16. Daylight Saving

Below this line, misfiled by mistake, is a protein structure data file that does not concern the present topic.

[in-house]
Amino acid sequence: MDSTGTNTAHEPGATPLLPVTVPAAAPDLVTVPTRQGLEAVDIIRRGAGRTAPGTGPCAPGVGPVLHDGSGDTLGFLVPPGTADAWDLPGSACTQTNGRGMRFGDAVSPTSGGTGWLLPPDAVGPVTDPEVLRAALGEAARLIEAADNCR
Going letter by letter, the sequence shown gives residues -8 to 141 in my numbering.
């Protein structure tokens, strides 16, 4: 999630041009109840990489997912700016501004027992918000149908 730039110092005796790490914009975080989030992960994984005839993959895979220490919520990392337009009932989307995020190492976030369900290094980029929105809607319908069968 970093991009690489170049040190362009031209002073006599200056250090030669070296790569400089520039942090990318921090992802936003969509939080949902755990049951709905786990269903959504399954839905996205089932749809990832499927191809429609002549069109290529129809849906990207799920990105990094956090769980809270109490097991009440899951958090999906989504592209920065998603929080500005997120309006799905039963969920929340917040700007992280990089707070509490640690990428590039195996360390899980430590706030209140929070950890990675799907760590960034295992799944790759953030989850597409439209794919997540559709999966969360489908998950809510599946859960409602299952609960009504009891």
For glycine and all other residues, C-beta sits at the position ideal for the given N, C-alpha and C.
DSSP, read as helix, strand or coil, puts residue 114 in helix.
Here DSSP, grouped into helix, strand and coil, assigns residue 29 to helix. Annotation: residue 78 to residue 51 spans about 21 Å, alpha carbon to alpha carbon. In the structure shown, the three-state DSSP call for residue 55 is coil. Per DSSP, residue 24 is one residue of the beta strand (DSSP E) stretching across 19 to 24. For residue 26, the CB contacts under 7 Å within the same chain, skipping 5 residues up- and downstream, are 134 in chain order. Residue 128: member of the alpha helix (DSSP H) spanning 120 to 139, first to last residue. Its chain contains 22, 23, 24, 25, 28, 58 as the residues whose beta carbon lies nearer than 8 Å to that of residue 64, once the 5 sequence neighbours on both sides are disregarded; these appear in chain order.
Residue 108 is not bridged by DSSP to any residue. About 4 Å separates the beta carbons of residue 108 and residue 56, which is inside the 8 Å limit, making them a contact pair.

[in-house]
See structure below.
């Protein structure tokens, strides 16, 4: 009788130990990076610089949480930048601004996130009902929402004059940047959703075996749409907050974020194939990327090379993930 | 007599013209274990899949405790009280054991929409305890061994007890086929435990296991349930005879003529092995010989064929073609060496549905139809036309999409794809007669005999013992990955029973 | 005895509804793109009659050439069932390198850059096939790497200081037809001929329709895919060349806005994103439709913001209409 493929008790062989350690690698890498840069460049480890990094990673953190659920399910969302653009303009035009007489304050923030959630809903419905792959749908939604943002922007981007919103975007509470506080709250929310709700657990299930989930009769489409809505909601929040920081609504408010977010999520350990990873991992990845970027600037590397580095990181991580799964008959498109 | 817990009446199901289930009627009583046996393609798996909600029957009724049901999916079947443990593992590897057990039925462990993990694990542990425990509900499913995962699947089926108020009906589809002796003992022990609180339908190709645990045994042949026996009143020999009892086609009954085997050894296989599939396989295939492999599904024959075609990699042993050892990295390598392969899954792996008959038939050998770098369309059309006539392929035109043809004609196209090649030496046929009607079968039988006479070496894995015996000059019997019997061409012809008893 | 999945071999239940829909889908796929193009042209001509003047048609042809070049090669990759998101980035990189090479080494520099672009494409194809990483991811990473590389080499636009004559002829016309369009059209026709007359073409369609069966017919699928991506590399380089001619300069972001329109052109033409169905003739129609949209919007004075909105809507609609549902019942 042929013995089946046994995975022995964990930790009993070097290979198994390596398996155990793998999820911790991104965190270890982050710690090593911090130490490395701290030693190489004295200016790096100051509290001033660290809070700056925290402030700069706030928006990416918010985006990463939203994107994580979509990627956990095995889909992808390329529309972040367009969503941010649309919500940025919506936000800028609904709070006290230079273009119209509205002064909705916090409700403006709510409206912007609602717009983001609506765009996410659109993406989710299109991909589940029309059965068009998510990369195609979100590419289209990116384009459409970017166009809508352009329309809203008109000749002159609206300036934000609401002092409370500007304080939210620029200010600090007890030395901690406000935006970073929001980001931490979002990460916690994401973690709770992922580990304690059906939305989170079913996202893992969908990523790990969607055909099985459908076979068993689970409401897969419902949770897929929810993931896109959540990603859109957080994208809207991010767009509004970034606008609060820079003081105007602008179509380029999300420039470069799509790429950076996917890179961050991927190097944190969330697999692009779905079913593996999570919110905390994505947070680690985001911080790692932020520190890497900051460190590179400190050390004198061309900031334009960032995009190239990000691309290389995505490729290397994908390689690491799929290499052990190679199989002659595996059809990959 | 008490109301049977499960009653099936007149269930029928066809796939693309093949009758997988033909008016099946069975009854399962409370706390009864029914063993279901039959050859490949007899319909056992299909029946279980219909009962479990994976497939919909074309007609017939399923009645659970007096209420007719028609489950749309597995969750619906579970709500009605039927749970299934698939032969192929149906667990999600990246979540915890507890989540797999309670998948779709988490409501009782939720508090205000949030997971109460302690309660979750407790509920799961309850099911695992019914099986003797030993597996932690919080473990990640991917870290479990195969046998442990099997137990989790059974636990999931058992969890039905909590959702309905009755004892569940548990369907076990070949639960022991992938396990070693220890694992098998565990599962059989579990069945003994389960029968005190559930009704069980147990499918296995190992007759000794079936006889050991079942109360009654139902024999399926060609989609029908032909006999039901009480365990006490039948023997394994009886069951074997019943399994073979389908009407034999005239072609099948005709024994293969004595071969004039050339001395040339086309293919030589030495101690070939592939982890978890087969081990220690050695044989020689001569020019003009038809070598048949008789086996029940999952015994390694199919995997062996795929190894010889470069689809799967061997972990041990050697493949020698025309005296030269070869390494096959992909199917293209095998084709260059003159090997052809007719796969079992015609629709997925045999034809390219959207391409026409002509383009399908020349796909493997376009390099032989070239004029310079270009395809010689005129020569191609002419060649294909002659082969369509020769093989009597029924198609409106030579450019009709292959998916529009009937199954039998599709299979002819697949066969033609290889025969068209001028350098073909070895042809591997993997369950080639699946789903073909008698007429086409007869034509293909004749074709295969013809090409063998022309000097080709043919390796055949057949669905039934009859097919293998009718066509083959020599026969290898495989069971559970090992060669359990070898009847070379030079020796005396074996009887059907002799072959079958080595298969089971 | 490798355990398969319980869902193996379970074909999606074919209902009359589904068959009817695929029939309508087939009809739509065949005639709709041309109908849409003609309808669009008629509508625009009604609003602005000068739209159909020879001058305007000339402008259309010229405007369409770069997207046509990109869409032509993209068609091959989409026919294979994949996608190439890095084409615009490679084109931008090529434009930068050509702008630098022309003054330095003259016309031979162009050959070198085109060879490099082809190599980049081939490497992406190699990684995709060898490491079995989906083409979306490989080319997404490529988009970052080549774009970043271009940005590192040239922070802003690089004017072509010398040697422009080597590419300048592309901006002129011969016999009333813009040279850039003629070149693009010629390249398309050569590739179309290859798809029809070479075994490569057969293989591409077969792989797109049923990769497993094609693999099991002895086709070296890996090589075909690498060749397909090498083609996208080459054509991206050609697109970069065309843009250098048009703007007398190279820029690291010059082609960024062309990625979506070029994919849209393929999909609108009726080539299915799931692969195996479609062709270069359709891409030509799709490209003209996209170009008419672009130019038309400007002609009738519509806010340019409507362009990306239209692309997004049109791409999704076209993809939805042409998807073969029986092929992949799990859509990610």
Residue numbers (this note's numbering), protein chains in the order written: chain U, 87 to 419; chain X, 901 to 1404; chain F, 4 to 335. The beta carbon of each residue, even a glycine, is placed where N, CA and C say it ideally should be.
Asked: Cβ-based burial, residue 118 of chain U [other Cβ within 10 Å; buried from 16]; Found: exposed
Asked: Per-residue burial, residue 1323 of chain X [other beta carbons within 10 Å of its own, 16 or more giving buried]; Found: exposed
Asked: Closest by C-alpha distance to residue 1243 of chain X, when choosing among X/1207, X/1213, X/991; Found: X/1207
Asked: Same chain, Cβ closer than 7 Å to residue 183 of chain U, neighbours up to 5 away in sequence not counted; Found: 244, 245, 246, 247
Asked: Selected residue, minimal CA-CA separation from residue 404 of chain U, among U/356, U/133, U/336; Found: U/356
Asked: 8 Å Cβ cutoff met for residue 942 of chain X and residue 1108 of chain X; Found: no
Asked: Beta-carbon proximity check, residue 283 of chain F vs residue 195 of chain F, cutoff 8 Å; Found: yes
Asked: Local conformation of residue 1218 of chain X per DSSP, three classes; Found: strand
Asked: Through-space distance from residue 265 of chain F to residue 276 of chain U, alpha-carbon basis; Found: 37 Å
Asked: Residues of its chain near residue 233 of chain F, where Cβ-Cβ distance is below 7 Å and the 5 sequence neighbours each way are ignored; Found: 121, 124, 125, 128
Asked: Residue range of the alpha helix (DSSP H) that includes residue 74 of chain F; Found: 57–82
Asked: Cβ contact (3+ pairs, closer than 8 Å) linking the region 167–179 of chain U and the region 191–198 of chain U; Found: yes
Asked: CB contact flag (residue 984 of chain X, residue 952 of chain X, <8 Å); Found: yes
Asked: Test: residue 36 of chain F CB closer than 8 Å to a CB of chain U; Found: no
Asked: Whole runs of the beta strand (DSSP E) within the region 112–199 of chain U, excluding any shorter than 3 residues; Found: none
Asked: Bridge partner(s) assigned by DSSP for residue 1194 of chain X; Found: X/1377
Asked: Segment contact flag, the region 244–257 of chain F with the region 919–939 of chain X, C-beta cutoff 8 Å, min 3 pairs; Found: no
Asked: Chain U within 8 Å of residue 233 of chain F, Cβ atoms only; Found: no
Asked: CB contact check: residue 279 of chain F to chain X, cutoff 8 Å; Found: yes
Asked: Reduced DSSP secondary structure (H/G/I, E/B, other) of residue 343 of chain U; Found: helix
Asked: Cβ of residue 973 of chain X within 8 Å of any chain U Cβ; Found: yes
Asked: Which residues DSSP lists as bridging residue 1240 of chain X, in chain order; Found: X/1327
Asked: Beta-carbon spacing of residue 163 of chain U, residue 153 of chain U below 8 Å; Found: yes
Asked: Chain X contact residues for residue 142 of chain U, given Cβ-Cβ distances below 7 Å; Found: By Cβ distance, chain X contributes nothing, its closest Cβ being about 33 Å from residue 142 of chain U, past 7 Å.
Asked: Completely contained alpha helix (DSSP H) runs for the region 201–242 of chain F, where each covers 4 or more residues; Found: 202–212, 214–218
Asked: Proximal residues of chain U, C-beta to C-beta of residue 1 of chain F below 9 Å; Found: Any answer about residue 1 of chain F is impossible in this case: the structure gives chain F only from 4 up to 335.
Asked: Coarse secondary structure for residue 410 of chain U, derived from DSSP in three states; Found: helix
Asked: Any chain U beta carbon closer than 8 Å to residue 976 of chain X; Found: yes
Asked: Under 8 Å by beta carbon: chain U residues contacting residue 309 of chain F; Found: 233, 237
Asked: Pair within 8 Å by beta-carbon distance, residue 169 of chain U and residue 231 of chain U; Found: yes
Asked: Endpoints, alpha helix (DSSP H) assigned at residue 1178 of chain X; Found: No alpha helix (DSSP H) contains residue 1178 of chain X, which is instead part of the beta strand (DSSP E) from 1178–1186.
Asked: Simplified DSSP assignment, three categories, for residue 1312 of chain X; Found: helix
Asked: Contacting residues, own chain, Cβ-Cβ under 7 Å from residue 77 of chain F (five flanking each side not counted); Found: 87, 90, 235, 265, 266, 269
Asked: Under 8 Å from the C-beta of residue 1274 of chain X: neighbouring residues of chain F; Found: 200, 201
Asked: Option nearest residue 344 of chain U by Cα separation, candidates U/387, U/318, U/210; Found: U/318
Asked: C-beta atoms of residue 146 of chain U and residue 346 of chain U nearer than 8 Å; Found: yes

IN TRIESTE, WHERE WE had sat through yet another Interpol conference on tracking international organised crime networks, we parted ways until the next such conference. We knew it would not be long until we saw each other again, as the conferences were rarely more than a few months apart, and we were always obliged to attend by our respective agencies, even though no real progress ever seemed to be made. The night before we separated, we ate a meal at a local Mexican restaurant. At the end of the meal, Olivier reminded us to wind our watches back an hour that weekend because daylight saving was at an end. This led me to recall how depressed I always felt in the weeks after the end of daylight saving, and I realised that this year it would be even more depressing than usual because I had not taken a swim in the sea all summer. I didn't mention this train of thought to the group, out of consideration for them - I didn't want to drag the mood down even lower than where it was. Those of us whose employers wouldn't pay for an extra night left directly after the meal, while the rest of us left the following morning. Olivier boarded a flight to London, Renata boarded a bus bound for Sarajevo, and I took a train - or rather the first of a series of trains - to Lyon. The journey began unremarkably enough, but somewhere between Genoa and the Italian border the train stopped suddenly and for no apparent reason. I had a window seat and tried to make out the cause of our stop, but without success. On my left were a series of glasshouses fallen into repair, and behind the glass houses was the sea; on my right the foothills of the Piedmont. The afternoon sun was warm, the breeze was gentle, and something about the bedraggled glasshouses beside the train tracks must have triggered something secret in me, because I was suddenly possessed by a single, immovable desire: I had to swim in the sea before the end of daylight saving. Although I knew there were people waiting for me at home, that I had a wife and children and parents, that I had a house and a mortgage and a job, I took my bag and jacket and simply jumped off the train and started walking in the direction of the sea. I soon came to a neighborhood cafe where I ordered a coffee and bread, as I must have been hungry and thirsty, or not thirsty exactly but tired. This light meal had the desired effect, for within minutes I was even more determined to swim in that sea. The woman who served me looked at me curiously but said nothing. I left and kept walking towards the sea. Even though it was October the weather was mild in the shade and warm in the sunshine. I remember it was muggy too. I stripped down to my boxers and entered the water. The feel of it as it lapped ever higher at my skin left me gasping for breath, but I had swum in colder water even as late as July in previous years. Just as the sea takes a long time to heat up, it also takes a long time to cool down, and so it was that even though daylight saving was about to end, within minutes my body had adjusted to the temperature, and the water felt pleasantly cool against my skin. Walking further and deeper into the sea, I noticed two old women seated on a bench at some distance from me, waving in my direction, but I paid them no mind, assuming they were waving to someone else. It didn't occur to me that I was the only one in the water. I concluded that this had been a very good idea, that every time I swam in the sea I enjoyed it more, and that it would have been a real shame to let a whole year go by without once swimming in the sea. Soon enough, however, I had had enough of the sea and I swam back to shore. When I returned to where I'd let my wallet and clothes, I saw that they had been stolen (although for a second or two beforehand I wondered if I had exited the water in a different place to where I had entered it, as sometimes happens when there is a current). Thankfully, as a precaution, I had buried my credit card and my cash in the sand nearby before my swim, so I could buy myself some new clothes. Dressed only in my wet underwear, I walked to the road and waited for a bus or a taxi. I put out my thumb to passing cars and trucks but to no avail. Soon a local bus arrived, almost empty as always. I had to convince the driver, in broken Italian, to let me ride, even though I was dressed only in my underpants. She refused to let me ride at first, but eventually she relented, even though I doubt that I had made myself understood, as my Italian isn't just broken, it's irreparable. At the nearest town, I alighted and found a clothing store, where I bought myself a suit, mostly because I needed a new suit, and I was in Italy, after all, and nearly naked, what's more. I then found a store that sold scooters, but when I saw how much they cost I decided to steal one instead, which wasn't really a problem, as I had learned how to steal scooters as an adolescent, and perfected the art in the timeless way, with practise. So it was that I rode to Ventimiglia, or Vintimille, as the French call it. Once I had crossed the border, leaving the scooter in an obvious place so it could be located by police and returned to its owner, I boarded the next train to Lyon.